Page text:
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~ Newport News Daily Press

It was supposed to be the end of the 2014 legislative season.

But lawmakers return to Richmond Wednesday to consider Governor Terry McAuliffe’s vetoes and amendments with the most important piece of legislation — the budget — still unresolved, and unlikely to shift from its partisan standoff.

McAuliffe vetoed only five pieces of legislation — including two public prayer bills and one regarding storing guns in secured containers in cars. With the Senate controlled by Democrats and the House dominated by Republicans, lawmakers at odds with the governor are unlikely to muster the two-thirds vote in both chambers necessary to overturn his vetoes.

Adopting the governor’s amendments to bills requires only a simple majority of votes. But on Tuesday House Republicans signaled their opposition to a series of amendments McAuliffe made to legislation earlier in April as a not-so-subtle protest of the budget impasse.

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~ Richmond Times-Dispatch

A report by a think tank at UCLA says legalizing gay marriages in Virginia could generate up to $60 million in spending in three years.

The Williams Institute at the UCLA School of Law estimates that about 7,000 same-sex couples may choose to get married in Virginia within three years of a change in law. In February, a federal judge in Norfolk struck down the state’s ban on same-sex marriages. The decision has been stayed pending an appeal, and a three-judge panel of the 4th U.S. Circuit Court of Appeals will hear arguments in Richmond on May 13.

The report says the increased spending on wedding arrangements and by tourists would likely generate up to $3.2 million in state and local tax revenue.

~ Richmond Times-Dispatch

Longtime Fluvanna County Sheriff Ryant Washington is stepping down in May, due to a new state appointment.

He will serve as special policy advisor for law enforcement for the Virginia Department of Alcoholic Beverage Control. Washington tells us he will be training, making policy, and making education and business collaboration recommendations.

His last day on the job in Fluvanna is May 2.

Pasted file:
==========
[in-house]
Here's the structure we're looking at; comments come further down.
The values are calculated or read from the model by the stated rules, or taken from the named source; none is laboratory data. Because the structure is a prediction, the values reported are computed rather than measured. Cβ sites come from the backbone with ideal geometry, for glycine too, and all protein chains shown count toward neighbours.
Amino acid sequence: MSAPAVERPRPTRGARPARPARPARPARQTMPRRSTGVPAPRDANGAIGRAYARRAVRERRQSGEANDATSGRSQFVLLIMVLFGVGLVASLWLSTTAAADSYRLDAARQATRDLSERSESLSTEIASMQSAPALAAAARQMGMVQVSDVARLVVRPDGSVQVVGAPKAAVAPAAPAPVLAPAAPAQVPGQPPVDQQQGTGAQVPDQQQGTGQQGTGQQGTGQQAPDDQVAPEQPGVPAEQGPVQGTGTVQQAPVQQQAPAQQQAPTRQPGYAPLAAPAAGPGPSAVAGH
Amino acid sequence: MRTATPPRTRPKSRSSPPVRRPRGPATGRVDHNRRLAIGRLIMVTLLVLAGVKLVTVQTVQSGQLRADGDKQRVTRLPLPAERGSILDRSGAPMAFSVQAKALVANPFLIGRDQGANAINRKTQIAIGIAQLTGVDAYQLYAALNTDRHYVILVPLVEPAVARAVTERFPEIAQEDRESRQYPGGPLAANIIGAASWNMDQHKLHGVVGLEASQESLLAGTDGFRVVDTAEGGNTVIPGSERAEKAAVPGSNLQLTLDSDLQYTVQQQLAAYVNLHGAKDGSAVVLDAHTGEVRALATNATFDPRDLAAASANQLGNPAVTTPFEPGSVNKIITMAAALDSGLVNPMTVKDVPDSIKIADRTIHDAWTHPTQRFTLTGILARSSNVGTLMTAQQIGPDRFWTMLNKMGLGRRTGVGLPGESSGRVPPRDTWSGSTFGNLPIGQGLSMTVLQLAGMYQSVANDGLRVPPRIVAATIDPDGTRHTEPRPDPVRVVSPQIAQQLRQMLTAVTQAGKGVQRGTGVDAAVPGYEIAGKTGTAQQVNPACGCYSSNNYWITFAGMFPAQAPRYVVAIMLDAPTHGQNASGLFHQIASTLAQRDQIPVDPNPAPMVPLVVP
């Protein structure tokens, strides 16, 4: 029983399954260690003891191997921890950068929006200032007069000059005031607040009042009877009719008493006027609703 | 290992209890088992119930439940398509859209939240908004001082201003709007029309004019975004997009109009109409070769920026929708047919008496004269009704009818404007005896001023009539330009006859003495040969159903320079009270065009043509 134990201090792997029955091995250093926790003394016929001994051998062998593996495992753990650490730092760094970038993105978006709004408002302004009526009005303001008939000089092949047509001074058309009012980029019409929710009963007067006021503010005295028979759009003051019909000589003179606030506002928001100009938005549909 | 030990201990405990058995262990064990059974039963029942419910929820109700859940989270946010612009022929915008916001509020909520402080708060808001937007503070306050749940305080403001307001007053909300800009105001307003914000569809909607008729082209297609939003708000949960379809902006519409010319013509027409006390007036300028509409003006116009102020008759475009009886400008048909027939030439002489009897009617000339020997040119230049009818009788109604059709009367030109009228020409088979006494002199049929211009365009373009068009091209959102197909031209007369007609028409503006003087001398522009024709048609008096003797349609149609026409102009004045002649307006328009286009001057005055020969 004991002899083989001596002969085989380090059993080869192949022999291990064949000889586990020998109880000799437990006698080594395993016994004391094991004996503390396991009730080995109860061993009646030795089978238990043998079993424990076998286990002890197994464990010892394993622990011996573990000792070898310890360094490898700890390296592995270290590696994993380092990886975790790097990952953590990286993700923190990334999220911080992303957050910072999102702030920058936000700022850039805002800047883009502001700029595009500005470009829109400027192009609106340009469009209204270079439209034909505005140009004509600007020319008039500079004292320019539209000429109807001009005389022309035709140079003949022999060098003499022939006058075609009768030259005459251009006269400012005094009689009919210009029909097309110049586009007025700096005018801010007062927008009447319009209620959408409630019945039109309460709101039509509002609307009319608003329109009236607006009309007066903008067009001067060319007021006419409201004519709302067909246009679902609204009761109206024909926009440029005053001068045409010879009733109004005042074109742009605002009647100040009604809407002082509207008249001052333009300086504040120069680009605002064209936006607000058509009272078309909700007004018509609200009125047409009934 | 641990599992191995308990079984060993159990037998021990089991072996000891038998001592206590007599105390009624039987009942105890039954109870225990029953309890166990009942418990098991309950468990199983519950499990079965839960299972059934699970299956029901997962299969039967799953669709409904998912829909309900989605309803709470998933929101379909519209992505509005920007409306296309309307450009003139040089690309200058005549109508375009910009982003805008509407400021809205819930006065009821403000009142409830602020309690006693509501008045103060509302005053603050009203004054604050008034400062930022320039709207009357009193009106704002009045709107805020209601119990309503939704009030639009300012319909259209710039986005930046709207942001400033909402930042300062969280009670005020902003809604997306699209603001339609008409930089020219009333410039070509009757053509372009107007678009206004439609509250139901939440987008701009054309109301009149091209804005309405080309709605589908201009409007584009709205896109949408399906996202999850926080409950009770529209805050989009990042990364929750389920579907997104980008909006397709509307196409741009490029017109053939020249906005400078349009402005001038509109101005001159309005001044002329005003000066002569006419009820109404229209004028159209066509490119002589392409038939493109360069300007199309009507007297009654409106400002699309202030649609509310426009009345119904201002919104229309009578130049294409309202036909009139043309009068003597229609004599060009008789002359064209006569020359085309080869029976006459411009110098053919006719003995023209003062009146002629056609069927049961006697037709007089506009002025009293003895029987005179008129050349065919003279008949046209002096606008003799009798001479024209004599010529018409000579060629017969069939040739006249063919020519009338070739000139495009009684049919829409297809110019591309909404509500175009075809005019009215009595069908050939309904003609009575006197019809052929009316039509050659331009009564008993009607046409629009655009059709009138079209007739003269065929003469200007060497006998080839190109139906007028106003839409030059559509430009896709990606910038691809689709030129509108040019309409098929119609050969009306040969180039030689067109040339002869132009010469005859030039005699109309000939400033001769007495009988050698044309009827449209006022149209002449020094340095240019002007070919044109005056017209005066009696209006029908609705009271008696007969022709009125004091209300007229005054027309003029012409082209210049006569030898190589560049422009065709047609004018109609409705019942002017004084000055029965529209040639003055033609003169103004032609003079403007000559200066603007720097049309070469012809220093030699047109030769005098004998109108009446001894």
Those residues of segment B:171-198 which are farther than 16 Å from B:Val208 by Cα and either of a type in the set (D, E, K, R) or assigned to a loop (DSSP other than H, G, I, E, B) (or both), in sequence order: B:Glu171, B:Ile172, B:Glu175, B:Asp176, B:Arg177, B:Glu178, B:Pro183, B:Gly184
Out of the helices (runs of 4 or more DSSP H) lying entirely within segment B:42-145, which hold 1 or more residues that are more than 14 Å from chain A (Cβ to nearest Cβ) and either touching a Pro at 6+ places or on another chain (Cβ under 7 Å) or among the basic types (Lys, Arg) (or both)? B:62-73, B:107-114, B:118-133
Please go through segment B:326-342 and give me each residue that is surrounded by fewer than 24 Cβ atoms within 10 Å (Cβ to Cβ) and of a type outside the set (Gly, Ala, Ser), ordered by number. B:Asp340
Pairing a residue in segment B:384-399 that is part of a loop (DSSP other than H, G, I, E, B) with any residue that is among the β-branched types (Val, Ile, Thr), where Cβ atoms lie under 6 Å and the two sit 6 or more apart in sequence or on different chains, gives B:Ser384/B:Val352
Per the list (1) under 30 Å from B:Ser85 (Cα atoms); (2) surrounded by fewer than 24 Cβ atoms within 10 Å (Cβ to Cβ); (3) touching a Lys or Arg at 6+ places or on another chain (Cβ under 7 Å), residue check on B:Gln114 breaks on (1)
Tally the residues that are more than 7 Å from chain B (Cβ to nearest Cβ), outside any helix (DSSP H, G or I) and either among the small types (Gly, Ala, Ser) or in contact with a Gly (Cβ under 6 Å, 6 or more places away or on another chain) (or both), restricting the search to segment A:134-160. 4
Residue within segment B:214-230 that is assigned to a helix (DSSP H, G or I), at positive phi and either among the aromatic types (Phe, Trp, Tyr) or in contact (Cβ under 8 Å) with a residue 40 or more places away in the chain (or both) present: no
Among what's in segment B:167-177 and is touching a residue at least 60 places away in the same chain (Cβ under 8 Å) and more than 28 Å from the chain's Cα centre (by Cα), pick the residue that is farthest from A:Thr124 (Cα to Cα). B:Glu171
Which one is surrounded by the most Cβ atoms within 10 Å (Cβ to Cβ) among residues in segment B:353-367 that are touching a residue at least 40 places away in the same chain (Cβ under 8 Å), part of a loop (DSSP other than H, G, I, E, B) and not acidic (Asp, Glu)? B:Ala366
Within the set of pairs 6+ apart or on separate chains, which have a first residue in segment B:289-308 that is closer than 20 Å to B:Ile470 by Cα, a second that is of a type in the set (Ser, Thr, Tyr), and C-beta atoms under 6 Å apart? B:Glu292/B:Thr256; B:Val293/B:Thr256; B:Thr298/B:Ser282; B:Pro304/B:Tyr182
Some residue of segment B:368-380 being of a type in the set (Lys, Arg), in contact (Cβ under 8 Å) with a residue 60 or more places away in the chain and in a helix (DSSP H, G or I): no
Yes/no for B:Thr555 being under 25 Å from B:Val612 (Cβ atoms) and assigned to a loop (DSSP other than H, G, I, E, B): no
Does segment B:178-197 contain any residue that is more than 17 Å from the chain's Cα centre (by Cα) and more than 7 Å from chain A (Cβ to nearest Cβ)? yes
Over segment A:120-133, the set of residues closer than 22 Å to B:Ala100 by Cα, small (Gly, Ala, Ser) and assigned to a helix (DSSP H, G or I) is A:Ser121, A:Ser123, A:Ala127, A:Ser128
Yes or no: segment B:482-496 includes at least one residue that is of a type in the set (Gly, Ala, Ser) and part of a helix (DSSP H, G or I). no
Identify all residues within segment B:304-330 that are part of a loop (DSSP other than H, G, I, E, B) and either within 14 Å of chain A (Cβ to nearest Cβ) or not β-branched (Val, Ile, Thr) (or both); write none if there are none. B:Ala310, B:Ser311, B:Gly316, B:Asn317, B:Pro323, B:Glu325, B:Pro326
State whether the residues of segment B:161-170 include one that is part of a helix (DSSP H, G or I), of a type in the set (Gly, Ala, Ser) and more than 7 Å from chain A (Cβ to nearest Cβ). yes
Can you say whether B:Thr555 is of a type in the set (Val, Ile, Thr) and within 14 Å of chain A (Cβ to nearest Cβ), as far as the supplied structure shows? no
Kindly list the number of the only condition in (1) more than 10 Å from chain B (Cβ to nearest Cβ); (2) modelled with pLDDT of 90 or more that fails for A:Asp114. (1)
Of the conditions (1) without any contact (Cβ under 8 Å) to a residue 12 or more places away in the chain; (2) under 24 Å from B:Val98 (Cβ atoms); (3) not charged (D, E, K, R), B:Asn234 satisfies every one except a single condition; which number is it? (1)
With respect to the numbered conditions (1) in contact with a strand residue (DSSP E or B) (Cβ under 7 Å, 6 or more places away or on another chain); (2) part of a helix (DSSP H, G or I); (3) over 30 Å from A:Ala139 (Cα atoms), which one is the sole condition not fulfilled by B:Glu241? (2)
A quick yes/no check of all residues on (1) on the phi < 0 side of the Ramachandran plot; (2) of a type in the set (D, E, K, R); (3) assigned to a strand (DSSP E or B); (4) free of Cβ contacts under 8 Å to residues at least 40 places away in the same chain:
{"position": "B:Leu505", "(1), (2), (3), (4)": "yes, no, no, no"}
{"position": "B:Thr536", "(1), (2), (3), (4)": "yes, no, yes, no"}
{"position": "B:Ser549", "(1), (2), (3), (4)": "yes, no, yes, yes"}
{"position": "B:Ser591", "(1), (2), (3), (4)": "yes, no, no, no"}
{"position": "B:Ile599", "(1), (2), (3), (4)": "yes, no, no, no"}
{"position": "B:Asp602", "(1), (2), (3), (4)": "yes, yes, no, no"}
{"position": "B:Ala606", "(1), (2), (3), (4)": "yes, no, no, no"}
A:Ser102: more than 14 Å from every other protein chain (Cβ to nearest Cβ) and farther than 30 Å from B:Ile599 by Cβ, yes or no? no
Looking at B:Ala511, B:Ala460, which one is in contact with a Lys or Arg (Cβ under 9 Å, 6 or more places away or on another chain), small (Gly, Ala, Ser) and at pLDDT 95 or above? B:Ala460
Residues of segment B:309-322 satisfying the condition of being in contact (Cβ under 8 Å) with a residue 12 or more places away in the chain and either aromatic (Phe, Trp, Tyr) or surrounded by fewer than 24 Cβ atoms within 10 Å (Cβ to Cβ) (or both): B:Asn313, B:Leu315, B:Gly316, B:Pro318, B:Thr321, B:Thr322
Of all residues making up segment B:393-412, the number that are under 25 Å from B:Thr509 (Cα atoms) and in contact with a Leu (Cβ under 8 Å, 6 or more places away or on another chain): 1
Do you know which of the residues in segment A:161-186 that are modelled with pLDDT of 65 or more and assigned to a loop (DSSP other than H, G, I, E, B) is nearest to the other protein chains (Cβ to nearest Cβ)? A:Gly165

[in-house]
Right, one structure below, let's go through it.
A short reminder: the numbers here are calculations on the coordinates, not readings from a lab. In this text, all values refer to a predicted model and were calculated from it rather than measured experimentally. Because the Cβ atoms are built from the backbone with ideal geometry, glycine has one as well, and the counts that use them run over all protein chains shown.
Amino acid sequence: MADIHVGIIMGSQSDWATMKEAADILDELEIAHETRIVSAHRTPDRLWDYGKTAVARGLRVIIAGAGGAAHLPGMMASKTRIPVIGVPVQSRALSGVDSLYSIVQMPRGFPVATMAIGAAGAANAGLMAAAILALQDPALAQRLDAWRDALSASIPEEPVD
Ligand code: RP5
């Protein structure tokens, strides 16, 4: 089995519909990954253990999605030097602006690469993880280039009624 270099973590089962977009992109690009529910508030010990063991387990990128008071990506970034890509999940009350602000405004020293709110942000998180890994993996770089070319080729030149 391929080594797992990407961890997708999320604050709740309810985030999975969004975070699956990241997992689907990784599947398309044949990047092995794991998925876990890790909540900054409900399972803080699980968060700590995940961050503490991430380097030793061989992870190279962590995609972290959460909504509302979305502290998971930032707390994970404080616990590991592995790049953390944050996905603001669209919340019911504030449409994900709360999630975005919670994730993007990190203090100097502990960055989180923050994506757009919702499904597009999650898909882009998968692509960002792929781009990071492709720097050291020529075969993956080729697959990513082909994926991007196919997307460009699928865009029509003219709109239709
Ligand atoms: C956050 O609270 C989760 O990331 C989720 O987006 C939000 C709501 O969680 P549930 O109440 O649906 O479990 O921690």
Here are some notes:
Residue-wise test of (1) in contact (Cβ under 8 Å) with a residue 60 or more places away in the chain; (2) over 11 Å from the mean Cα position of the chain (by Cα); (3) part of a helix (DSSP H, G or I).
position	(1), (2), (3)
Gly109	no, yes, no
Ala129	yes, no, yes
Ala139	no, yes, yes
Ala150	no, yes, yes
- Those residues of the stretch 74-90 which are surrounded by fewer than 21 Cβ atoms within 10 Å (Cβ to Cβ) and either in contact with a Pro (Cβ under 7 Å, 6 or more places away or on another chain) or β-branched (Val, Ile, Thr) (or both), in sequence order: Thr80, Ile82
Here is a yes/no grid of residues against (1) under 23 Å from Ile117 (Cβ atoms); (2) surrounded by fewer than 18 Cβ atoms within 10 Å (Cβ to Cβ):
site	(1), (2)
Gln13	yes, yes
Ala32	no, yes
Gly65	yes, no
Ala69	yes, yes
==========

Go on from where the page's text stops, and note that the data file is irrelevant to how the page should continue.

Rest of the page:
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Former Republican presidential nominee Mitt Romney personally donated $10,000 to the legal defense fund of former Virginia Gov. Bob McDonnell, a man who was once in consideration to be his running mate but now finds himself indicted by a federal grand jury for illegally accepting gifts from a donor.

The donation was confirmed to the Washington Post by a former Romney aide who requested anonymity. But a longtime friend and adviser, Ron Kaufman, told the paper that McDonnell was “a true and trusted friend and ally” during the 2012 campaign.

"He did a great job running the RGA [Republican Governors Association], he did a great job running Virginia and Mitt has a very special place in his heart for Governor McDonnell. He wanted to help him at a time when he needed help, just as Governor McDonnell would do for Mitt if he needed help," Kaufman said.

McDonnell and his wife, Maureen, will have to raise thousands to fight the charges in the indictment, which was handed down after the former governor left office in January. It alleges that the McDonnells accepted more than $135,000 in direct payments of gifts and loans from Jonnie R. Williams, Sr., a prominent businessman and donor, and then lied on loan applications and attempted to cover their tracks. The couple could face fines of more than $1 million and decades in jail.

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~ CBS News

Former U.S. Rep. Tom Davis is strongly encouraging fellow Republicans in a divided Congress to act soon on immigration reform for the good of the nation’s economic vitality and the political viability of the GOP.

The seven-term Northern Virginia congressman took those positions Tuesday on a Virginians for Fair Immigration Reform conference call — an offshoot group of the advocacy campaign led by technology titans such as Facebook founder Mark Zuckerberg.

Congress and the president are split on citizenship and residency pathways for those who entered the country illegally and those who overstay temporary welcome.

The U.S. Senate last year passed sweeping immigration reform legislation to create a 13-year path to citizenship for an estimated 11 million undocumented immigrants.

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~ The Virginian-Pilot